Schiller's Skulls


There's a big Schiller revival going on in Germany; this year marks the 200th anniversary of the great liberal poet-playwright's death. But thanks to a Mitteleuropaeisch Gothic psychodrama, Weimar's celebrations have been "overshadowed by an embarrassing row over whether the skull inside Schiller's coffin is really his," Britain's Guardian reports.

There are two competing candidate skulls. The problem is that in 1805, Friedrich Schiller was buried in a mass grave. In 1826, when Weimar's mayor decided he should dig up the great man's skull, there were 27 of the things grinning back at him. The mayor, a decisive man, pronounced that the biggest one must have belonged to Schiller. In 1901, however, a different generation decided that the mayor had gone about things unscientifically, and the grave was opened again. There were now 63 skulls to consider, and the savants picked a different cranium as the real Schiller skull.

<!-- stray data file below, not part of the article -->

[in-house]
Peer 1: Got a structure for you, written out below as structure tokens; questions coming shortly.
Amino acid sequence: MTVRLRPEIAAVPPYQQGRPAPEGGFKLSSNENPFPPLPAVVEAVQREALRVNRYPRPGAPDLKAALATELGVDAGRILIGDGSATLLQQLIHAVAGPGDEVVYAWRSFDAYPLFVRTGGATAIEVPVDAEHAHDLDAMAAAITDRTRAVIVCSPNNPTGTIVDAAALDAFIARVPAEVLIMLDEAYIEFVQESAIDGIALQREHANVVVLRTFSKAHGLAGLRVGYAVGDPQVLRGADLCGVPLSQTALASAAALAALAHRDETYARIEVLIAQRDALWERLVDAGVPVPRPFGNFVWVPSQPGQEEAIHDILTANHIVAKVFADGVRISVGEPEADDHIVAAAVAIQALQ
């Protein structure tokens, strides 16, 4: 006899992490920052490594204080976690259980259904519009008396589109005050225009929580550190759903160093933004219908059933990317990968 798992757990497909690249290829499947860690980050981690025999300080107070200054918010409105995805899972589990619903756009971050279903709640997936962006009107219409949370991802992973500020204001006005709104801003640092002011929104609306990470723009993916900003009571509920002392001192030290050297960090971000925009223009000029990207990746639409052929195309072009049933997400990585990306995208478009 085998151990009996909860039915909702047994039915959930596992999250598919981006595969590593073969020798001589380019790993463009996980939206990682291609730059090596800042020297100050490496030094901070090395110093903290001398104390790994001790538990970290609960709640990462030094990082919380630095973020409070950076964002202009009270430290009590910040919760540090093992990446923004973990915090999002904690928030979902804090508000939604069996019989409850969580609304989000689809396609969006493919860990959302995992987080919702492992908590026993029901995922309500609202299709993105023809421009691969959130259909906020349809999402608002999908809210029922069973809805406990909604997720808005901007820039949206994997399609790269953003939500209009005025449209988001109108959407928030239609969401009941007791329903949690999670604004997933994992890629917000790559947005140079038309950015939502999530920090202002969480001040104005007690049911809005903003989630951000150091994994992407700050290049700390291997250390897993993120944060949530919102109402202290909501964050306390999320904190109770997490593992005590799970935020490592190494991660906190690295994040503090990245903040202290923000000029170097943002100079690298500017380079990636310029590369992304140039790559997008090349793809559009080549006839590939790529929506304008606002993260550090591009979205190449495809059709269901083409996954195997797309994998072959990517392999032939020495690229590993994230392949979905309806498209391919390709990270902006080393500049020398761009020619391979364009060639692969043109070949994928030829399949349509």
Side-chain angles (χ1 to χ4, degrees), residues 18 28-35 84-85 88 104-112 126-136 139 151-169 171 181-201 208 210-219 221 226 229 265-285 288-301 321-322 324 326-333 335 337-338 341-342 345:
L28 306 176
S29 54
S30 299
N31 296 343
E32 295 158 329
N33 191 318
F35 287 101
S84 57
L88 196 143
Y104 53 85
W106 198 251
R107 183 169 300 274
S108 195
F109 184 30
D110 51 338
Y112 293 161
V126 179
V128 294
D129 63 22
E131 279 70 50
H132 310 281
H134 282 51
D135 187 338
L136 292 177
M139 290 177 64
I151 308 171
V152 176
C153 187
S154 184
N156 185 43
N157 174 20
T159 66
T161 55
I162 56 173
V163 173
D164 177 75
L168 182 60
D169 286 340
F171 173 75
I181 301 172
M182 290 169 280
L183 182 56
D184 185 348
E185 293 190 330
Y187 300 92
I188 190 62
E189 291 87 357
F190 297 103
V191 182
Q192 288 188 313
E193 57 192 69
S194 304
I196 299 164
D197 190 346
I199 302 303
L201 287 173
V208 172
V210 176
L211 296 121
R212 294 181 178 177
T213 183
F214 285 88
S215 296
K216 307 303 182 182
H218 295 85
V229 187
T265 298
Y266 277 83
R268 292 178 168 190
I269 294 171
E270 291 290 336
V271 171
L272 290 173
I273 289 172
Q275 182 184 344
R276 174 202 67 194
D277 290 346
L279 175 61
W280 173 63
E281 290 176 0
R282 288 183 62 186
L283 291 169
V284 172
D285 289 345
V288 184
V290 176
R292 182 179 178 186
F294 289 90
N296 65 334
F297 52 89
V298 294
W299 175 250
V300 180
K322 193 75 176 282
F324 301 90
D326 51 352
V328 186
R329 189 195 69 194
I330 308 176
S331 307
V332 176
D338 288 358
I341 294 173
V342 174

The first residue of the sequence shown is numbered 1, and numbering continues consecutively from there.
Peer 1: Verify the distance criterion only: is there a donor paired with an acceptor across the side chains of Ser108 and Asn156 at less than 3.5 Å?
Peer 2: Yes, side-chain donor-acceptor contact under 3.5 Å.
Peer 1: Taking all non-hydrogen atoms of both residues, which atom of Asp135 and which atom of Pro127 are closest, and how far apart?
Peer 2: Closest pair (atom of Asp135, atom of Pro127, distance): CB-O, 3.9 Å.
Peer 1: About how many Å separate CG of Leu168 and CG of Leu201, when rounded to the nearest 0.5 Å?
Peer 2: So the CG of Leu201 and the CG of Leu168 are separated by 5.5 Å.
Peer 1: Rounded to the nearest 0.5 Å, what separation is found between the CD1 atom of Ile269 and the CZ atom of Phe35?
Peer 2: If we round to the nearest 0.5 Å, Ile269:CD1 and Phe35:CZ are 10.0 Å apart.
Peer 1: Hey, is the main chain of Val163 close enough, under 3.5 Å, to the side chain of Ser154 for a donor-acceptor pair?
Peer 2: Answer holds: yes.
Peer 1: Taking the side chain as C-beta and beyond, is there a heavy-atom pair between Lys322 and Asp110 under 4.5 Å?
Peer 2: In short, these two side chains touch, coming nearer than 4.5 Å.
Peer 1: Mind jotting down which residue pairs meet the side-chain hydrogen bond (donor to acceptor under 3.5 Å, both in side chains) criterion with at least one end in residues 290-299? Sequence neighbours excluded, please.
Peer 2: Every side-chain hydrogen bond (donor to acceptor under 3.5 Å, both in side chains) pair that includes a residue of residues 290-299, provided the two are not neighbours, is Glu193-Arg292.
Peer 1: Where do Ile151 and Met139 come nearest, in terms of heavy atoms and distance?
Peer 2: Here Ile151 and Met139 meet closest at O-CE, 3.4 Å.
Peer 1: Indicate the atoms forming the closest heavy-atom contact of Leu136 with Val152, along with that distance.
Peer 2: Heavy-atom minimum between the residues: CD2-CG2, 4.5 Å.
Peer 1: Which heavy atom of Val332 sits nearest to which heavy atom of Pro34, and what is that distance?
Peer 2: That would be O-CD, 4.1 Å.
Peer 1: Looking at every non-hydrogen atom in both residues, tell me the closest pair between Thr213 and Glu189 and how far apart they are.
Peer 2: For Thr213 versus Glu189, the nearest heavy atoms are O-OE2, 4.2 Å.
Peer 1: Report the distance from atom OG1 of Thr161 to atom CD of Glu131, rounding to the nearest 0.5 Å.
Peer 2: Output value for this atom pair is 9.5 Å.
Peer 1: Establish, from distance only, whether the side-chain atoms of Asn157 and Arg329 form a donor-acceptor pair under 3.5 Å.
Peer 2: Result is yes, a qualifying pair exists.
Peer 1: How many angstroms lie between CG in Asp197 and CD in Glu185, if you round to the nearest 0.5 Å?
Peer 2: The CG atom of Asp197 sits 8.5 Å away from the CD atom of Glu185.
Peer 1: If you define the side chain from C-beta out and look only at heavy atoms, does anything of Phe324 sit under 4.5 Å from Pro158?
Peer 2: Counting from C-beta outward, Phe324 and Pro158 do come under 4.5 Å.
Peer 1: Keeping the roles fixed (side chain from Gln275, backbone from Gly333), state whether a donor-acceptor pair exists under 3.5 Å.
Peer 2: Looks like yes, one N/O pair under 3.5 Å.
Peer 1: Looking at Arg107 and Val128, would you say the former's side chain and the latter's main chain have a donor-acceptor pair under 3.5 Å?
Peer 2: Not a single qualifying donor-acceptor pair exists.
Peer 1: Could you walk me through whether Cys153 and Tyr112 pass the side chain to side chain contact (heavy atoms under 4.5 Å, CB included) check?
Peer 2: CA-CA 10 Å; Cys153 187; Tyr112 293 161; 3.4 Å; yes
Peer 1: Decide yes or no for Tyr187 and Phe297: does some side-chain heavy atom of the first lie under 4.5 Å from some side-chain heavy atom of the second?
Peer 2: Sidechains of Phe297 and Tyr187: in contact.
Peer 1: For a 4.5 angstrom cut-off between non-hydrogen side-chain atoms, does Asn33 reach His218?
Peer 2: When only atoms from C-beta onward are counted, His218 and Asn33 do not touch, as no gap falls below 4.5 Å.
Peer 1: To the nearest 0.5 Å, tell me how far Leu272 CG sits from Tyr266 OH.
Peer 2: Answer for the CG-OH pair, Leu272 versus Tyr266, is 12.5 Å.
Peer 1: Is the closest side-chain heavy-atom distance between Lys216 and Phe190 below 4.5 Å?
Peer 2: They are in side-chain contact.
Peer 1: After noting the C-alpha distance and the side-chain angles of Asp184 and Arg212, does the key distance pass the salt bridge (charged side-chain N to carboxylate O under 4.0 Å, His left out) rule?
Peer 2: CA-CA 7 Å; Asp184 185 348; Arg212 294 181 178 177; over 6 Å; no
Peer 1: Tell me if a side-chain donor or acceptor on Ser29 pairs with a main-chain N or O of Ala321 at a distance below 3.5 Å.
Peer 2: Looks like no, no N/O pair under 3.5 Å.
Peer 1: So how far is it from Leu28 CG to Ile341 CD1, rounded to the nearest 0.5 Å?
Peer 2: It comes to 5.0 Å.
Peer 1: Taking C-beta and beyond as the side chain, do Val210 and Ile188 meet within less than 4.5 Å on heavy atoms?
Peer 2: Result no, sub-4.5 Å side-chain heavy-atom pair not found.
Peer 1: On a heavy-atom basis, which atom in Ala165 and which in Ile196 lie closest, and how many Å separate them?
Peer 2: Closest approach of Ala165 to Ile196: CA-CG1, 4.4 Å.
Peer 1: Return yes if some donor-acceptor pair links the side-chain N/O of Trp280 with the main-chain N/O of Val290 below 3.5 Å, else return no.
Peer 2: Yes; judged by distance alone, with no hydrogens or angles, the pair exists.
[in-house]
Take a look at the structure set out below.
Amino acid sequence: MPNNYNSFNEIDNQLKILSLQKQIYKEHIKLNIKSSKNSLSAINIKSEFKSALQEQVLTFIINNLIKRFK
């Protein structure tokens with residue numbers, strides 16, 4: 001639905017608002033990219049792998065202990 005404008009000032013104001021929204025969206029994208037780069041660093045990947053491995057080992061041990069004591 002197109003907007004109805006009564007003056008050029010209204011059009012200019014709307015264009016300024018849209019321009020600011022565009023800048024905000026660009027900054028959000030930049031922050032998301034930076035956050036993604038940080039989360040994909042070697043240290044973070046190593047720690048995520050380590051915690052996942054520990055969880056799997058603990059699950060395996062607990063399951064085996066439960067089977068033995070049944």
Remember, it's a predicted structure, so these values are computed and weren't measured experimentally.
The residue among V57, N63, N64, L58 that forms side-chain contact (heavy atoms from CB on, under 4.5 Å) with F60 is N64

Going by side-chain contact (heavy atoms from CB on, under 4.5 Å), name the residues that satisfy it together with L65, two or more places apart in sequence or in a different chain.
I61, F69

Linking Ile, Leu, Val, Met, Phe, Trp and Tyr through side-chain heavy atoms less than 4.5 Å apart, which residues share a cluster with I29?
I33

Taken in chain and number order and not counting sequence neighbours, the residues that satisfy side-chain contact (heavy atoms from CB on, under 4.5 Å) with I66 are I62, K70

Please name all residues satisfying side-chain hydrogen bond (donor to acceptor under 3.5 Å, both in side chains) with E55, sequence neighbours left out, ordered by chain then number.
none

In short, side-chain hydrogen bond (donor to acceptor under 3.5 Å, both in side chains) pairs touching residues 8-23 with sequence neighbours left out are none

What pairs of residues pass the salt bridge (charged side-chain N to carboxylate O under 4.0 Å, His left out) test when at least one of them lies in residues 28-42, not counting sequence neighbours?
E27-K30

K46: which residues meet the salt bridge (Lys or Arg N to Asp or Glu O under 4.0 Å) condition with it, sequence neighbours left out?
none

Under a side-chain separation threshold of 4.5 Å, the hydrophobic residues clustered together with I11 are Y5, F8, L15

The Nazis reportedly hid Schiller's (or somebody's) skull, but it turned up in 1945. (Or did it?) Enter the communists. In the 1950s, East German authorities re-opened the Schiller tomb, which contains the two skulls as well as an assortment of bones that were probably tossed in at random. Communist authorities decided dialectically that the mayor's original choice was correct, and that the scientifically chosen skull from 1901 belonged to a woman.

Now comes DNA. It turns out that a lock of Schiller's hair has (purportedly) survived! All that needs to be done now is to match it to some skull, preferably one of those in Schiller's sarcophagus. But reports the Guardian, the foundation responsible for the Weimar crypt "refuses to open the coffin."

"Great souls suffer in silence," wrote the Romantic Schiller. Their skulls, too.

Thanks to: ArtsJournal.